Aye, there’s the rub. Evolution demands short-term thinking focused on individual survival. Most attempts to overcome our evolutionarily hardwired absorption with self are selected against. The Overman is dead, killed by a high-fat diet and unwillingness to exercise. Reflexively, we follow him into the grave.

Comments 111

  • Thank you, tvt! Good to see you’re still in fine form! ☺

  • i place words in parenthesis basically to connote that their use in this particular context is somehow bogus/false. that’s what i think all ‘choices’ are for humans. genes and environment determine everything, which is to say they determine every ‘choice’ u or i or anyone has ever made and will ever make. repeating the critical point: u don’t get to choose your desires, they’re chosen for u. u ‘act’ on them (in this case, the word ‘act’ is in parenthesis to indicate such ‘action’ in many cases may be merely mental in that u’re aware of a desire, but for any number of possible reasons ‘choose’ to not scratch it’s itch, not indulge it, which of course, is stressful…)

    u do recognize, i hope, that contrary to what u may have been taught… sorry for rambling. i’m a little ‘high’ and tired, not the best combo. find it difficult to maintain a train of thought, sometimes. it doesn’t help either being a clumsy slow typist whose fingers can’t nearly match the speed of thought. i’m a flawed being, as are u and everyone. u may call that a copout. to me, it’s just surreality, and sometimes it sucks! many times sheeple can’t/don’t perceive the same surreality. it’s kind of like we all exist in separate universes, so vast is the gap in perception. (sigh) fuck it. i can’t recall at all now what the hell i was going to write when i began this paragraph. probably doesn’t matter. maybe nothing does in surreality (perceiving oneself as a puppet possessing only an illusion of freedom, perceiving everyone and everything so, is naturally nihilistic.) big sigh

  • still in fine form?! not compared to u, btd. but thanx for the thought/action, one who is gifted in more ways than one. talent, modesty and charm, now that’s one hell of a fine combo!

  • probably should have prefaced the ambrosia video by saying something like hope u enjoy this blast from the past. just a song i like. might bring back memories of the 70’s. can u believe that was 40 fucking years ago?! where did our youth go? another universe, perhaps?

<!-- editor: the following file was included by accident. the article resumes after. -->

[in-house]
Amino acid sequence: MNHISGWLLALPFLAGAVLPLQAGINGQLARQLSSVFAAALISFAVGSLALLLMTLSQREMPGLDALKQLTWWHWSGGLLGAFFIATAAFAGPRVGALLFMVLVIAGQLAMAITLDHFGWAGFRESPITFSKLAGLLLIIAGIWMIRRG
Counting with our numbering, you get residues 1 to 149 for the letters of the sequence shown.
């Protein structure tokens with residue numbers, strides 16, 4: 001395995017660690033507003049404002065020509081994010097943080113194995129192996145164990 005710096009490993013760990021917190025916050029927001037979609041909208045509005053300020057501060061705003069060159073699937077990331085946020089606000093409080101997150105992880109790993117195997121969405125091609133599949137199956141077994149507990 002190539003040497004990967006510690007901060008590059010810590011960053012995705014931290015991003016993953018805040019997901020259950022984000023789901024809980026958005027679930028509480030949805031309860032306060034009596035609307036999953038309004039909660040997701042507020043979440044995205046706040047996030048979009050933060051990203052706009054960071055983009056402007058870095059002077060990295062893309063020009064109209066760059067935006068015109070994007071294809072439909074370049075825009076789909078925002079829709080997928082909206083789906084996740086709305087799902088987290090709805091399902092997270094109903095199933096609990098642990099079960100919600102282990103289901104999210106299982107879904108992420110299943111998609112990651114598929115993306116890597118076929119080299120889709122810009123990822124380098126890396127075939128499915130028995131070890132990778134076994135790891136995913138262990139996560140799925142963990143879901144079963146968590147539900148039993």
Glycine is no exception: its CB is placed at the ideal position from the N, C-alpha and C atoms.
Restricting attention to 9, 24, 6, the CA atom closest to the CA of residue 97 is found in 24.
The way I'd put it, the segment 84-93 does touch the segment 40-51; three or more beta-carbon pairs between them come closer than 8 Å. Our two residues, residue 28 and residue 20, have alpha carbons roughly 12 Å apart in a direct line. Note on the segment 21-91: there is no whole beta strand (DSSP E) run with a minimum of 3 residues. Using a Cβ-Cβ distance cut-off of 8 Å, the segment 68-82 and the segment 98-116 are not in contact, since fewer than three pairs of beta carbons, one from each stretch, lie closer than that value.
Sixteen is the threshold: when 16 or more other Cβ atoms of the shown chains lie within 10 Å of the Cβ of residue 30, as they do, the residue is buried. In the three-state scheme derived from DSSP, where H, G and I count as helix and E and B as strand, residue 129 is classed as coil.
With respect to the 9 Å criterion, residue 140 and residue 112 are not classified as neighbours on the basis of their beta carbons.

• @tvt, points on the social grooming (what I am indulging in now..)!

  • tvt,

    Well, we seem to have different catechisms. Extrapolating yours to an extreme degree leads me to the point of not being willing to prosecute Cheney or Bush for war crimes. How could we blame them for genetics or environment that they did not create?

    Maybe an important difference is that I believe that as people acquire power they begin to participate in creating the environment within which they exist and operate. Per Hunter Thompson, “Politics is the art of controlling your environment.”

    I have any number of examples that inform and illustrate my belief in (some) free will, as you must have that inform and illustrate your disbelief in it.
    So, I’ll pick Tuesday or Thursday to worship at our intellectual church, and it’d be wonderful if you select one of the other five days to do your thing. Pick anything but Tuesday or Thursday.

    In other news:
    If your typing can’t keep up with your thinking, you could try doing a handwritten summary or mind-map before you get to the keyboard. Or try thinking more slowly (although in that direction there may be dragons).

    Jeopardy trivia answer to the clue: He was a best-selling genre writer who when asked back in the 90s if he had moved on from a typewriter to a word processor answered that he had never even used a typewriter, preferring to write all of his material on yellow legal pads in pencil.
    Who was Elmore Leonard? Furreal.

    After visiting friends in the Seattle area for most of August, I am happy to inform you that the legal weed in the above-ground shops that sells for $17/gram is not noticeably stronger/better than the lowly $10/gram variety.
    One of the $10 varieties even had a slightly higher % of THC than the high-priced spread. Recommend you save your extra $7/gram and buy some high-class munchies.
    Courtesy of mystery shopper Thrifty McStone, adviser to the unhinged.

  • dude, i’ll ‘choose’ to post comments any damned day i care to! (the nerve of some sheeple!) (yawn) don’t like it, piss up a rope, or smoke a fattie, or blow your brains out, or perhaps ‘choose’ something different. u don’t own this effin blog, u don’t dictate to anyone what their ‘options’ are, understand? it’s called peaceful coexistence, getting along without agreeing on shit, and it’s what sheeple must do every fucking day to get by, as u must well fuckin’ know, mr. ‘i have limited free will’.

    if it makes u feel any better, i don’t begrudge anyone their desire to hold accountable those who harm others. i’m just saying i’d hope any such accountability is tempered by the knowledge that however ‘evil’ anyone may seem to be, they too lack ‘free will’, so listen to elvis and try not to be cruel: